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Strongyloidosis 

Strongyloidosis
Chapter:
Strongyloidosis
Author(s):

T. J. Nolan

, T. B. Nutman

, and G. A. Schad

DOI:
10.1093/med/9780198570028.003.0064
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date: 22 January 2020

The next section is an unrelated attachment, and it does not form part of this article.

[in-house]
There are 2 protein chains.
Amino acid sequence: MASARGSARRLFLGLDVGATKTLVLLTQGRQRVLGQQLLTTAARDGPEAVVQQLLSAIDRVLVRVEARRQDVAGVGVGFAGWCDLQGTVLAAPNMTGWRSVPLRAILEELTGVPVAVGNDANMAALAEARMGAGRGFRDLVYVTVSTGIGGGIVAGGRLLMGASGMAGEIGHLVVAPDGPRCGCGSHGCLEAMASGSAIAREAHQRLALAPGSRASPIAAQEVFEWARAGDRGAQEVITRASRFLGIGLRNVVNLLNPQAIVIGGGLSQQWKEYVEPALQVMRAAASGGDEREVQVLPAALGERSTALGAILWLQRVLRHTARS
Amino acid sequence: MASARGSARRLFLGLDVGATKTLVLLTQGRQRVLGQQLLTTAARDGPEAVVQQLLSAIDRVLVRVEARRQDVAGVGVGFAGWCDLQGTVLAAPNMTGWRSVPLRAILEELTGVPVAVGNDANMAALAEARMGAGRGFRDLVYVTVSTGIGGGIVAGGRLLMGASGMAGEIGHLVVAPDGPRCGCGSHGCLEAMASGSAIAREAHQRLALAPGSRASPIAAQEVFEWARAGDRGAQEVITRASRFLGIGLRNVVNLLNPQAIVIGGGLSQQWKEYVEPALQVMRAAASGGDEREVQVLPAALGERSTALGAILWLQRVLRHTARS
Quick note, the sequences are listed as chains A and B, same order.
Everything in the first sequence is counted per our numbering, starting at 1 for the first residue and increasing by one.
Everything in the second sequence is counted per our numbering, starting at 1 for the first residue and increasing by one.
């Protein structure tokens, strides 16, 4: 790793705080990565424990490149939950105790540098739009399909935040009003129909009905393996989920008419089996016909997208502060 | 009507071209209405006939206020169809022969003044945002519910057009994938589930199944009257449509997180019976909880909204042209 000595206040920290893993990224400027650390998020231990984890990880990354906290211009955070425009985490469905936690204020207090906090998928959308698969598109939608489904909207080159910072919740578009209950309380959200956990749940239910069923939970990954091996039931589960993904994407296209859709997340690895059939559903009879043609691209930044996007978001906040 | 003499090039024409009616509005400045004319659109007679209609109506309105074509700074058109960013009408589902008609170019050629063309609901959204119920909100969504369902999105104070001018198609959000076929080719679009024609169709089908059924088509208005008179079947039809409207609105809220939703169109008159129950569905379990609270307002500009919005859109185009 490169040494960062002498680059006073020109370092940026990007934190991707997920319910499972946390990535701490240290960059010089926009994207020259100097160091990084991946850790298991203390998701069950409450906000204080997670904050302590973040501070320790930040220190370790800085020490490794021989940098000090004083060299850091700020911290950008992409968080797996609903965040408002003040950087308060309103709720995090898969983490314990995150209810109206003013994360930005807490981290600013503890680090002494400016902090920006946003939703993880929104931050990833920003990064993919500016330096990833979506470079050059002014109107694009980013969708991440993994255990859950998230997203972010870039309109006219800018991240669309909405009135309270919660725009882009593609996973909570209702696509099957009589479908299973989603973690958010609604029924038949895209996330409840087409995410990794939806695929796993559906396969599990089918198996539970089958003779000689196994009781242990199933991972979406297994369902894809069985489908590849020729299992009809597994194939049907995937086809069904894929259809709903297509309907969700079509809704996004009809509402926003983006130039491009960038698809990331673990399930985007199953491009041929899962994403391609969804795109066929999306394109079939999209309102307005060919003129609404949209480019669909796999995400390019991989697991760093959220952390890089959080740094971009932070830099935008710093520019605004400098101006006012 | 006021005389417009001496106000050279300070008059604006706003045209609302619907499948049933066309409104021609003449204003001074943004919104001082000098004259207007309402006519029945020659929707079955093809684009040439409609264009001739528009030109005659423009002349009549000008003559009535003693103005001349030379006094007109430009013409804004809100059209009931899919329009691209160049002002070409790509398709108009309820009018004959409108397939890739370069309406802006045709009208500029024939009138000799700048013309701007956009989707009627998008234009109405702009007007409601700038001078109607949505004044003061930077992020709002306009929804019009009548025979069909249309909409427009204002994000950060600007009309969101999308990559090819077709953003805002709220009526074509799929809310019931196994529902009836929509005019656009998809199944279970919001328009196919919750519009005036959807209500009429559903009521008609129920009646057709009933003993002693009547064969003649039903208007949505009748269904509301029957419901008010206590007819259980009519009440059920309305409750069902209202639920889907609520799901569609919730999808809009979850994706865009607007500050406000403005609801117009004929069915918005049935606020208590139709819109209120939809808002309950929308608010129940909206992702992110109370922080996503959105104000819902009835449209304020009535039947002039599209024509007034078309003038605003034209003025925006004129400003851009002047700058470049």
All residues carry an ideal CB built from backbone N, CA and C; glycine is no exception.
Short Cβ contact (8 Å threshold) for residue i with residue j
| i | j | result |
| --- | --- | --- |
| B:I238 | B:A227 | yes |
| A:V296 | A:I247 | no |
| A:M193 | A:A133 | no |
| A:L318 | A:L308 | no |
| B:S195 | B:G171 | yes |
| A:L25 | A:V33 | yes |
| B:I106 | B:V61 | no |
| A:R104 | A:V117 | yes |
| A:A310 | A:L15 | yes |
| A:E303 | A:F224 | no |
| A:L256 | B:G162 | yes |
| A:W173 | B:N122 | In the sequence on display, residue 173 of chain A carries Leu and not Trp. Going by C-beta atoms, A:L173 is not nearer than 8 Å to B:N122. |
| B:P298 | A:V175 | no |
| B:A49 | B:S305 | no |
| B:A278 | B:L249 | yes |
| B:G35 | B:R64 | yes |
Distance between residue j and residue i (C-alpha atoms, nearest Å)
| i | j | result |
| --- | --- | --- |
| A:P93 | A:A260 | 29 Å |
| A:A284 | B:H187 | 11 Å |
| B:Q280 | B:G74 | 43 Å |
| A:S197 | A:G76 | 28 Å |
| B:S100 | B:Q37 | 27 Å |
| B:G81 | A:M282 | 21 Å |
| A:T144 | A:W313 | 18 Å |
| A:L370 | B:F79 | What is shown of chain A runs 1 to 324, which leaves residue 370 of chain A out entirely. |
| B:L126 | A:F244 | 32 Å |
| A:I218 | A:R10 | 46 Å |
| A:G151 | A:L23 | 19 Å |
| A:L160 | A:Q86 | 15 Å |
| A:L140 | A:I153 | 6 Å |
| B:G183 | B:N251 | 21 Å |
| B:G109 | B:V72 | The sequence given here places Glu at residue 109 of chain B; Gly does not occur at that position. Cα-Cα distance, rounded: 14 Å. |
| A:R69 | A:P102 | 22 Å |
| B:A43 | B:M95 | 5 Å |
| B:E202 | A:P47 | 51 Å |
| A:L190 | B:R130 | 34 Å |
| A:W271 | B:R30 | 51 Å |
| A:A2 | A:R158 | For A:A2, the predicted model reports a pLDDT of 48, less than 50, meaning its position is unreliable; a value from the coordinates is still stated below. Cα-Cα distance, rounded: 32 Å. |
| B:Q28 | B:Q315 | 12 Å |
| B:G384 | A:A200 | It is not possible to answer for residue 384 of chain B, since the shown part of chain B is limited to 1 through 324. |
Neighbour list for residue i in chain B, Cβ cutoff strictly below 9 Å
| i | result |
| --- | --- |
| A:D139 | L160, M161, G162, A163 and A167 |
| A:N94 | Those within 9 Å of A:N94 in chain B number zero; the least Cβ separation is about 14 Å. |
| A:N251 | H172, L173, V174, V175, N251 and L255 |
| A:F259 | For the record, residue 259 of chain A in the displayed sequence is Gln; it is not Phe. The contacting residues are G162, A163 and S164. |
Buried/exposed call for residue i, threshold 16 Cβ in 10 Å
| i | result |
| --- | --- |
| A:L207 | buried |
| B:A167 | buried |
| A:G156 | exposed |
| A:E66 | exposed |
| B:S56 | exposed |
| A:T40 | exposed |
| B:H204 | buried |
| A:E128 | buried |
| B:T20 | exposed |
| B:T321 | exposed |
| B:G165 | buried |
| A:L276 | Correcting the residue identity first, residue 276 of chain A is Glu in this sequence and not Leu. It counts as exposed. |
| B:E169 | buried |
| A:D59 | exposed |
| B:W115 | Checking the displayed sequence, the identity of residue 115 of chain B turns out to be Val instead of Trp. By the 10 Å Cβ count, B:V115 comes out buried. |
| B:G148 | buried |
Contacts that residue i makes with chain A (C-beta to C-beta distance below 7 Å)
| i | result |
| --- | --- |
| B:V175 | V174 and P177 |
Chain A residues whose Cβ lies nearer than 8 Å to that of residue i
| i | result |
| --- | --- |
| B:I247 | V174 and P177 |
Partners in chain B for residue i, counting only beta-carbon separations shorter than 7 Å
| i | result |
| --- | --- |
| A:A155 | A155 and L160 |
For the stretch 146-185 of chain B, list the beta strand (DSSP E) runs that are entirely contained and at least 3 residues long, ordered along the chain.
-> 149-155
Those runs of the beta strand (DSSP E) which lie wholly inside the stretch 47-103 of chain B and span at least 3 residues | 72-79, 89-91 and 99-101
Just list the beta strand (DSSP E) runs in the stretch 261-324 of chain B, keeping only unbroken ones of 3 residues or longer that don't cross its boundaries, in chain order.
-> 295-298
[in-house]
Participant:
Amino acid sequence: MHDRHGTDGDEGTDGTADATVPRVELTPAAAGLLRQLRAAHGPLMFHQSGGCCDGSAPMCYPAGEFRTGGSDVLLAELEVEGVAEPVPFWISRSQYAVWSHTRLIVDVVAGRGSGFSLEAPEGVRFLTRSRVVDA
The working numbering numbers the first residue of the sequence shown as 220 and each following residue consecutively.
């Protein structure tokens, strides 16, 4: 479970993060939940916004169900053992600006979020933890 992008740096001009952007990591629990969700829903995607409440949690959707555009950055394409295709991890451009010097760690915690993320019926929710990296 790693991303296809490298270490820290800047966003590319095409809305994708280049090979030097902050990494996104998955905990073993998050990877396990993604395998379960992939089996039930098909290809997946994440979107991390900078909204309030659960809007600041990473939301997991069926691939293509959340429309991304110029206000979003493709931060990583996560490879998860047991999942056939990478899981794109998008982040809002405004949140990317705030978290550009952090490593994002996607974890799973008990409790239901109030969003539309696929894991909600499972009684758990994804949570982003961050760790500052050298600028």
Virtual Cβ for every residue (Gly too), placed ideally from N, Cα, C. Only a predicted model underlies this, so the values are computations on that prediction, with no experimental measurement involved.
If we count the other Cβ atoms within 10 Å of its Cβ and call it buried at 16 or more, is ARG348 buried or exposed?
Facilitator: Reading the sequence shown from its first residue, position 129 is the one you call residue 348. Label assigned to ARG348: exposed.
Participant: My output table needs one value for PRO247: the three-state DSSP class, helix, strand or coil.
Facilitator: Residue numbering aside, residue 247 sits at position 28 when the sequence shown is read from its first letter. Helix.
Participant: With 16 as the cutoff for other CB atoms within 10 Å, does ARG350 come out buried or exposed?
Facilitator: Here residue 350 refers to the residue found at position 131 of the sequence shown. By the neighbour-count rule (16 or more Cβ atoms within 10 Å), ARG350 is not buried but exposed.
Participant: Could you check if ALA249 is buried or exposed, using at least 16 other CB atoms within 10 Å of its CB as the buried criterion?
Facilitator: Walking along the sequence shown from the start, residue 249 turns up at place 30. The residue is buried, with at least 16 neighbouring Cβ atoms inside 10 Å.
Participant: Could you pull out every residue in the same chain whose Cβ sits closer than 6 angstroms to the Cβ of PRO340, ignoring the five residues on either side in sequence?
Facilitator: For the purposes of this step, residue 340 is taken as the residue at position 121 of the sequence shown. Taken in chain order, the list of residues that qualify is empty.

Strongyloidosis is an intestinal parasitism caused by the threadworm, Strongyloides stercoralis. The parasite, occurring in dogs, primates and man, is found throughout the moist tropics, as well as in temperate areas where poor sanitation or other factors facilitate the occurrence of faecally transmitted organisms. In some parts of the world, notably Africa and New Guinea, human infections caused by S. fülleborni have been reported. In Africa, the latter is primarily a parasite of primates, but in New Guinea, no animal host is known. S. stercoralis is unique among zoonotic nematodes, in that larvae passing in the faeces can give rise to a free-living generation of worms which, in turn, give rise to infective larvae. This life history alternative (i.e. heterogonic development) acts as an amplification mechanism, increasing the population of infective larvae in the external environment. The infective larvae are active skin penetrators; infection per os , while possible, is probably of limited importance. Because the parasitic female’s eggs hatch internally, a potential for autoinfection exists when precociously developing larvae attain infectivity while still in the host. This is another virtually unique feature of S. stercoralis infections in both its human and animal hosts. Autoinfection can occasionally escape control by the host, with massive re-penetration and larval migration. This can cause pulmonary or cerebro-spinal strongyloidosis as well as fulminant intestinal parasitism. Control of canine strongyloidosis has been achieved in kennels by strategic use of anthelmintics. Given the lack of epidemiological information community-based programs to control human strongyloidosis have not been attempted. The growing importance of human strongyloidosis depends upon the unique ability of S. stercoralis to replicate within its host and to behave as a potentially fatal opportunistic pathogen in immunocompromised hosts, particularly in those receiving corticosteroids.

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